GREEN BAY, Wis. — The Packers are moving on. The most important part of this game was doing just that, no matter how it happened. In the single-elimination postseason format, Green Bay couldn’t afford to slip up against the division rival Minnesota Vikings. But, aside from an early 3-0 deficit, the Packers were in control throughout the vast majority of the game and advanced to the divisional round of the postseason.
Handing out grades following the Packers’ 24-10 win over the Vikings:
Passing offense: A-minus
Aaron Rodgers wasn’t able to take many shots downfield, but he made nearly all of the right throws. And, when given a few chances, even in tight coverage windows, Rodgers made a couple passes that only an elite quarterback could execute.
Rodgers completed 23 of his 33 attempts for 274 yards with one touchdown pass and no interceptions, finishing with a 104.9 passer rating.
Rodgers’ top targets were wide receiver Greg Jennings and running back DuJuan Harris, each getting the ball thrown their way six times. Harris led the team with five catches, while Jennings led with 61 receiving yards. James Jones caught all four passes thrown to him for 51 yards and Jordy Nelson had three receptions for 51 yards. Fullback John Kuhn caught two passes, including one for a touchdown. In total, 10 Packers players caught passes from Rodgers.
The offensive line’s protection for Rodgers was solid throughout most of the game, with Minnesota picking up three sacks. One of them, however, was a result of Rodgers scrambling to stay alive in an attempt to make a play.
After the way that Rodgers picked apart the Vikings’ defense in the regular-season finale, Minnesota adjusted its defense to prevent big plays for this game. But Rodgers still got the offense flowing, made the right throws and didn’t make any costly mistakes.
Rushing offense: C-plus
Harris continued to show what a terrific find he’s been for the Packers. In his second consecutive week as the offense’s featured running back, Harris ran the ball 17 times for 47 yards. His 2.8 yards per carry average wasn’t very good, but there’s little reason to believe that Alex Green or Ryan Grant would be performing better than him right now.
Harris’ unique mix of speed and power, especially at only 5-foot-8, makes for a type of runner that Green Bay’s offense hasn’t had in quite some time.
Grant ran seven times for seven yards (1.0 average) and wide receiver Randall Cobb lined up in the backfield and took two carries for six yards.
Near the goal line, the Packers tried to jam it in with Kuhn twice on one drive, but it failed. Later, however, Kuhn scored on a 3-yard run.
Rodgers also scrambled twice for 12 yards.
A team total of 76 yards on 31 carries (2.5 average) isn’t a great rushing game, but two touchdowns on the ground and no fumbles helps to somewhat override that poor per-carry average.
Rushing defense: A-minus
Adrian Peterson dominated the Packers in the first two regular-season meetings, but in this game, Green Bay bottled him up well. Peterson rushed for 99 yards on 22 carries (4.5 average), but didn’t score a touchdown and was held to a long run of only 18 yards.
Peterson nearly broke Eric Dickerson’s all-time rushing record, became only the seventh running back in NFL history to rush for 2,000 yards and had gained 100-plus yards in nine of his previous 10 games, so the Packers deserve a lot of credit for their performance in this game.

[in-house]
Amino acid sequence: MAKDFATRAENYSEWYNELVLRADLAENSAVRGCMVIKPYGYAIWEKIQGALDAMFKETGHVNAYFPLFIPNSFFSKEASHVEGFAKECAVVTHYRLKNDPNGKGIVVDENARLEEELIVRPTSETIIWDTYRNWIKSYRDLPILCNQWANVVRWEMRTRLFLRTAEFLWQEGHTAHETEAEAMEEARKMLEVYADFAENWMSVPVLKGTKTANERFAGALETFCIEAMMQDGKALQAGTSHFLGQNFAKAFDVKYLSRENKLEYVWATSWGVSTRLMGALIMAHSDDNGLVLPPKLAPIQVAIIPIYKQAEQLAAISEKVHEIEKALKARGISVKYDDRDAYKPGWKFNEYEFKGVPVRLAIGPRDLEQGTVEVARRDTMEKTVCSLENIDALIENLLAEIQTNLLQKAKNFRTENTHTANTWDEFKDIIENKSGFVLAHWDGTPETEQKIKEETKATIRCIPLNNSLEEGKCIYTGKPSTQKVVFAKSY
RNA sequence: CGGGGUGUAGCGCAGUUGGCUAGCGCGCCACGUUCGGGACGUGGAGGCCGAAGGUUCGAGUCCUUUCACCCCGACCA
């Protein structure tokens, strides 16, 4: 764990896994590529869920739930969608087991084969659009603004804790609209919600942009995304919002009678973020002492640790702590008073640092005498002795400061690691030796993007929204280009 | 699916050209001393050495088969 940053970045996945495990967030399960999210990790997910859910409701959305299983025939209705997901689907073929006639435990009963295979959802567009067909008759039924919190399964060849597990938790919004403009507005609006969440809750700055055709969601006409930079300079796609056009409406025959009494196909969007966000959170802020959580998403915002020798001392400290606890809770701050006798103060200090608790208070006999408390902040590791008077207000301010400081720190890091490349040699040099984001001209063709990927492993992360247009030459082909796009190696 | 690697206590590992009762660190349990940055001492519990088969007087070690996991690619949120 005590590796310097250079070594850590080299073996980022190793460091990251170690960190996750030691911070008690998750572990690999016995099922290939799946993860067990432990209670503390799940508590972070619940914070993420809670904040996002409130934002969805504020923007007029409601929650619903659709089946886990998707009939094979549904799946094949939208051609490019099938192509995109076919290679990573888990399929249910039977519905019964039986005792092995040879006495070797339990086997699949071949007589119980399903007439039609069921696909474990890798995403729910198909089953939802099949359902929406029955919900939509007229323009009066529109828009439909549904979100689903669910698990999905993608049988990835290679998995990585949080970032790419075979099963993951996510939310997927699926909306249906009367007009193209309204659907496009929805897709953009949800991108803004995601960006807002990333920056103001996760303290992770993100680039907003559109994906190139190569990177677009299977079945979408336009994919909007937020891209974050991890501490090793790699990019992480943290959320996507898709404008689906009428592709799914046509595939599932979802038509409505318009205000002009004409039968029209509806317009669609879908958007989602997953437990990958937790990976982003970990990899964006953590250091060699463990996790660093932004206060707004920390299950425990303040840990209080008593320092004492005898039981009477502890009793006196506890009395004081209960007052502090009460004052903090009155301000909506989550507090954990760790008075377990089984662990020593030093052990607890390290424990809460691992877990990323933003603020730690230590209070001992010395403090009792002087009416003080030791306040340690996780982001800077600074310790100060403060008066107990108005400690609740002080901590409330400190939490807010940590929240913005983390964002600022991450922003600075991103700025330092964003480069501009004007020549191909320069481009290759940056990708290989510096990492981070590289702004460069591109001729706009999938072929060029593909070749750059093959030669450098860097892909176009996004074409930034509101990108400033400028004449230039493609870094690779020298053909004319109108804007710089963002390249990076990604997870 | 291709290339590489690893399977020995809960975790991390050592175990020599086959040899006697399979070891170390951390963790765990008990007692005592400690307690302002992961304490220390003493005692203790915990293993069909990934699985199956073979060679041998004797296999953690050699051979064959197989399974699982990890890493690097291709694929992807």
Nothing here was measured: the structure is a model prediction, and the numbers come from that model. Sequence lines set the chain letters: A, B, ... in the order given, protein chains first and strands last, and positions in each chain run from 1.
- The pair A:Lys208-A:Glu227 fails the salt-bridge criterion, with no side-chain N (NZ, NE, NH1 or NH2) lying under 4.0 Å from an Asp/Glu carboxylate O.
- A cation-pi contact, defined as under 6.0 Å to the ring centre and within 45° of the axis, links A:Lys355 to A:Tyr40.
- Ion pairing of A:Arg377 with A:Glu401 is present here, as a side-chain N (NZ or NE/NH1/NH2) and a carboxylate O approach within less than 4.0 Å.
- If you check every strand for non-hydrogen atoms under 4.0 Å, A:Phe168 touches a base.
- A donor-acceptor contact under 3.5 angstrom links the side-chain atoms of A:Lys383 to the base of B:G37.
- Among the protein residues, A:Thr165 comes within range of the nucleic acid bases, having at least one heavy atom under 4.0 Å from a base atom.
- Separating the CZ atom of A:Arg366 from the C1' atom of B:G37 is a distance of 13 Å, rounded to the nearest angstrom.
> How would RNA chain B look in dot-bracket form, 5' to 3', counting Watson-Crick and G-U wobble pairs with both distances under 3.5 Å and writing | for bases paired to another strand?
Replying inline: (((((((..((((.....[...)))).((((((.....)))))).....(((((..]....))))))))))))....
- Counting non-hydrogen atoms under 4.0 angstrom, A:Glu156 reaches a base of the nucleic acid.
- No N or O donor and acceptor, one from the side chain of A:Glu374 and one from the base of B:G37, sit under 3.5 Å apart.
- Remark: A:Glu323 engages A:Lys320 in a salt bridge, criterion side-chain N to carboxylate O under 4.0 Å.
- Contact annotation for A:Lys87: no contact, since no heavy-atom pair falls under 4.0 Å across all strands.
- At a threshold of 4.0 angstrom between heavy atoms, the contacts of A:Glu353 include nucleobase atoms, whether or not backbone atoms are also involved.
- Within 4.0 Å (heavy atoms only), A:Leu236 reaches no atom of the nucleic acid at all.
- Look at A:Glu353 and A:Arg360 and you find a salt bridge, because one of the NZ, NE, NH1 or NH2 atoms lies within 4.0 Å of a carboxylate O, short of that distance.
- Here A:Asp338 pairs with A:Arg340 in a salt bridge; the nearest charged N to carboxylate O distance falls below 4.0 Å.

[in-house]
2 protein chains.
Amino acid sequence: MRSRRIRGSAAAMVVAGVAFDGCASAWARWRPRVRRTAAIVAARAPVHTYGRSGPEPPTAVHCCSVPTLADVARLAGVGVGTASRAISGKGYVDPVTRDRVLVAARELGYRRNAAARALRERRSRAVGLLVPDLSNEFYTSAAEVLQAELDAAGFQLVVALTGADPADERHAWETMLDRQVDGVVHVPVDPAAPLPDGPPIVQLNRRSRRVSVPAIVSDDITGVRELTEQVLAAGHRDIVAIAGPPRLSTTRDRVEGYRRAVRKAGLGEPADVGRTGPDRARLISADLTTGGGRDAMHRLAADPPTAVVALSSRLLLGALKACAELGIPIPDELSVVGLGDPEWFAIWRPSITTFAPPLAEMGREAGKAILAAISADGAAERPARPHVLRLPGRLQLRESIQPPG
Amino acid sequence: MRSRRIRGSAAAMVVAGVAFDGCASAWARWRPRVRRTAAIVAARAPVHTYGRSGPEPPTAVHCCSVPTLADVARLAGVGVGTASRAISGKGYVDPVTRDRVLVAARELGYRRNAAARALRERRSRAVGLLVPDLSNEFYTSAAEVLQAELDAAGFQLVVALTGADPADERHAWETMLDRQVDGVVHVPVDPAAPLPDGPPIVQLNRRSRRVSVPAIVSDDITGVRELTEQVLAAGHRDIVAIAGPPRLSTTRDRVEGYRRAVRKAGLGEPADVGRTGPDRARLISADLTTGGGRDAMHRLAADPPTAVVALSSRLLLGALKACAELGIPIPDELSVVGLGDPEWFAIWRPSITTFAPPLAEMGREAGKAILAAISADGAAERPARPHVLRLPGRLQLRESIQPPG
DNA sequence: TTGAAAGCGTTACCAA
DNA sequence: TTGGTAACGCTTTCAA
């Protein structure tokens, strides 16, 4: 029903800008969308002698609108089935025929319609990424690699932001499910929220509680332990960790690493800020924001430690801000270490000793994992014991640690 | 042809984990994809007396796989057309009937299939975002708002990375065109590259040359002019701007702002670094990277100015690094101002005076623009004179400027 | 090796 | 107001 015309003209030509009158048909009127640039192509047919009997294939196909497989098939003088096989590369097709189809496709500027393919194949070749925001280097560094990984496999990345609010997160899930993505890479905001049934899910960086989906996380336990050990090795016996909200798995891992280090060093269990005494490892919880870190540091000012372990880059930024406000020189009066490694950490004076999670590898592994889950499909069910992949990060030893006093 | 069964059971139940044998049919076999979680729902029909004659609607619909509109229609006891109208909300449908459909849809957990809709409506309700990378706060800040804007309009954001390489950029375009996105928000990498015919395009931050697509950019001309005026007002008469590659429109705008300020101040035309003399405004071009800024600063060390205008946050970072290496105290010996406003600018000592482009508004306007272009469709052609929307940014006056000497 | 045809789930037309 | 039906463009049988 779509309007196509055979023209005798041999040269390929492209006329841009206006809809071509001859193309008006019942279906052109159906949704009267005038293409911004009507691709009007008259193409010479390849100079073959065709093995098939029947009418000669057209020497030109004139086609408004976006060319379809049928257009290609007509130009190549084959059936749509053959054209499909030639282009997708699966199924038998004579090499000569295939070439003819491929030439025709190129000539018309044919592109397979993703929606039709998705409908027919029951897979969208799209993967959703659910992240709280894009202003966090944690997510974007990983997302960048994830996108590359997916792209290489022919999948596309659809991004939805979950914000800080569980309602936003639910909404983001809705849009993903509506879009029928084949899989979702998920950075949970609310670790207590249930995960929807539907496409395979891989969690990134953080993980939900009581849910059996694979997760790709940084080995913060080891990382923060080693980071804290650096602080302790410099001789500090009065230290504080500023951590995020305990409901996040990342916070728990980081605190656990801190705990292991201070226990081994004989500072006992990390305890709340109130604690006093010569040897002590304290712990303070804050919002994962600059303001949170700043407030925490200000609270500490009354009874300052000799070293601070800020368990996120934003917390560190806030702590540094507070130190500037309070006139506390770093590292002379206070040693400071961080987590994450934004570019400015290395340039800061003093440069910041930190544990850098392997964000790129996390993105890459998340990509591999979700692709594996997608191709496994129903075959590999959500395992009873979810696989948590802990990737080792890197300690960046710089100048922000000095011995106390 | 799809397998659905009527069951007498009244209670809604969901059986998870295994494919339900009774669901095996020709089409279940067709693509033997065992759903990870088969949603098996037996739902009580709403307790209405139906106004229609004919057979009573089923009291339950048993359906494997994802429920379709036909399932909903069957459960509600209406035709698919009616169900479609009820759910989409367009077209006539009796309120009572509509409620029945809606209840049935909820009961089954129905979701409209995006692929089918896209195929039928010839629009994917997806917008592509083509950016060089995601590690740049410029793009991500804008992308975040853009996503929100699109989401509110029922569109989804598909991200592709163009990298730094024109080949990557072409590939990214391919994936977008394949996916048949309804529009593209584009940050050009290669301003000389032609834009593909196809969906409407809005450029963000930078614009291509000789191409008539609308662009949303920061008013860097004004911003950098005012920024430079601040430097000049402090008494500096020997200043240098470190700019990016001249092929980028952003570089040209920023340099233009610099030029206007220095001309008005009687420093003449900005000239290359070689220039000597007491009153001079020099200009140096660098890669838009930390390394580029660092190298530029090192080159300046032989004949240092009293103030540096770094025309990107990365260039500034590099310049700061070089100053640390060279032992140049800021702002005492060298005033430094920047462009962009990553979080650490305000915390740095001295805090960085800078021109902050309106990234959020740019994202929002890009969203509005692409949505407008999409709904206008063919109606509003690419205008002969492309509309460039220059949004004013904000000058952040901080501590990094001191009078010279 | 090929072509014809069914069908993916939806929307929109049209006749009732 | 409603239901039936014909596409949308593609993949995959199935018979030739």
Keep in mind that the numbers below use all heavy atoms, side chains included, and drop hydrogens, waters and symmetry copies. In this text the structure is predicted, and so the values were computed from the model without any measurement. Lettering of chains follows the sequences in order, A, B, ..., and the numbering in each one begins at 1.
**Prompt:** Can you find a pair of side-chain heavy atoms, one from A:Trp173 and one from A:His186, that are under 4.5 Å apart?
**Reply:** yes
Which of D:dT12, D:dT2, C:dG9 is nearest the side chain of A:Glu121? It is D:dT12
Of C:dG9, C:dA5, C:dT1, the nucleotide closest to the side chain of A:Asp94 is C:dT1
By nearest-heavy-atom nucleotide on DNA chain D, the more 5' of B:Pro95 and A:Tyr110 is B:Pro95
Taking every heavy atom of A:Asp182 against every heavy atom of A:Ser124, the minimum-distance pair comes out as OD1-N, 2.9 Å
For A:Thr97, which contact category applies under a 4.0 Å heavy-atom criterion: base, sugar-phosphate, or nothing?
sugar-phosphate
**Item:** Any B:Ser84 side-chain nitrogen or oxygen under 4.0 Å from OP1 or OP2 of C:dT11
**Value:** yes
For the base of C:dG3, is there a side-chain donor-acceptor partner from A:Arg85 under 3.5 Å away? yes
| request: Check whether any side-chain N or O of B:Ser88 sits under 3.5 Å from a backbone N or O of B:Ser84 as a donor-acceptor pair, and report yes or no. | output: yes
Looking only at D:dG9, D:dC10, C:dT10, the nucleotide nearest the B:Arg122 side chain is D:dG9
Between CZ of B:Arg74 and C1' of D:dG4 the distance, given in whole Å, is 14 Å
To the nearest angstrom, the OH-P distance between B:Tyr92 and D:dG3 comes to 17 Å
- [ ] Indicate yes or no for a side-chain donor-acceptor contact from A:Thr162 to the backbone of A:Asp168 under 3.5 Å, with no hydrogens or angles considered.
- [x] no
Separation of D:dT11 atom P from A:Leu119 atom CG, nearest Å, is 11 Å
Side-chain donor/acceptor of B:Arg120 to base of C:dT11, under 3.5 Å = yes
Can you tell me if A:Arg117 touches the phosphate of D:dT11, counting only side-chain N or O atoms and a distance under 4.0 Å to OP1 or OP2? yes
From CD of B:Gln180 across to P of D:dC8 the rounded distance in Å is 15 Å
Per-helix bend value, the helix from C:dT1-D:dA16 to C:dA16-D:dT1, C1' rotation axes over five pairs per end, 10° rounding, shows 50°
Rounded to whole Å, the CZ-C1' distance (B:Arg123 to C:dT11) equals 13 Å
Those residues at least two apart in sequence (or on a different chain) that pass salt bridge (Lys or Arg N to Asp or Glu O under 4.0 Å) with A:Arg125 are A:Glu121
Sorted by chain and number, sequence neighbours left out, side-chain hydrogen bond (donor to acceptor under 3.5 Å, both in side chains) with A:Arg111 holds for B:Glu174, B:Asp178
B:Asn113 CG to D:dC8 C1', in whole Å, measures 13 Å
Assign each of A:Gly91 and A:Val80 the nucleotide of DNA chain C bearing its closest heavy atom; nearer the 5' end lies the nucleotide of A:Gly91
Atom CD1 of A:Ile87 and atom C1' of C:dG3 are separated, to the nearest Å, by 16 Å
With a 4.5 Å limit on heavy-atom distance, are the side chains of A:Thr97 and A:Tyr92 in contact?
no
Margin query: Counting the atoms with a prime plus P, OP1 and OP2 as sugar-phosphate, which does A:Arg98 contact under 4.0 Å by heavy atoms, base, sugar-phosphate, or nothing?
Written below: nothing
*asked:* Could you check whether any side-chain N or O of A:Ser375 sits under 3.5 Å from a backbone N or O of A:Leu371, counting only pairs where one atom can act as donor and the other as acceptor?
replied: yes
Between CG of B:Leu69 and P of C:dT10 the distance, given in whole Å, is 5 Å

Backup quarterback Joe Webb successfully ran the read-option play a few times and also scrambled when the pocket collapsed, gaining 68 rushing yards on seven runs.
Green Bay believed that it would win this game if Peterson could be stopped. It seemed unlikely that it could be done, but B.J. Raji, Ryan Pickett, Clay Matthews, Charles Woodson and many others stepped up and made it happen.
Passing defense: A-minus
Just hours before the game, starting quarterback Christian Ponder was ruled inactive due to a tricep injury that made it difficult for him to throw the ball. Ponder is far from an elite NFL quarterback, but in comparison to the way Webb performed, the Vikings really missed him.
Webb completed only 11 of his 30 passing attempts for 180 yards with one touchdown pass and one interception, finishing with a passer rating of 54.9.
When pressure came and Webb was unable to escape with his feet, he tried some errant passes that seemed like the type of decisions a low-level college quarterback would make. He was inserted into a very difficult position, being asked to start a playoff game when he hadn’t thrown a pass all season. But the Packers made Webb look even more inexperienced than he was and, for the most part, took away Minnesota’s entire passing game.
Wide receiver Michael Jenkins had a 50-yard touchdown pass late in the game, but the outcome was decided at that point.
Cornerback Sam Shields had an interception, Matthews had two sacks (including one in which Webb simply tripped over him) and outside linebacker Erik Walden had one sack.
Special teams: B-plus
The most notable aspect of Green Bay’s special teams was Jeremy Ross returning kickoffs. Randall Cobb still returned punts, but it appears the Packers are slowly working their way toward Ross becoming the full-time returner. Neither player had a breakout return in this game.
Green Bay did recover a muffed punt, but that was mostly an unforced error.
Mason Crosby made his only field-goal attempt, a 20-yarder in the second quarter.
The Packers did exactly what they were supposed to do, winning at home over an inferior opponent that was playing with its inexperienced backup quarterback.
It wasn’t as preferable as having a bye, but Green Bay paid off its division championship by soundly defeating the Vikings at Lambeau Field and advancing in the playoffs.
The challenge now is a trip out to San Francisco where the Packers will meet the 49ers for a chance to play in the NFC Championship Game.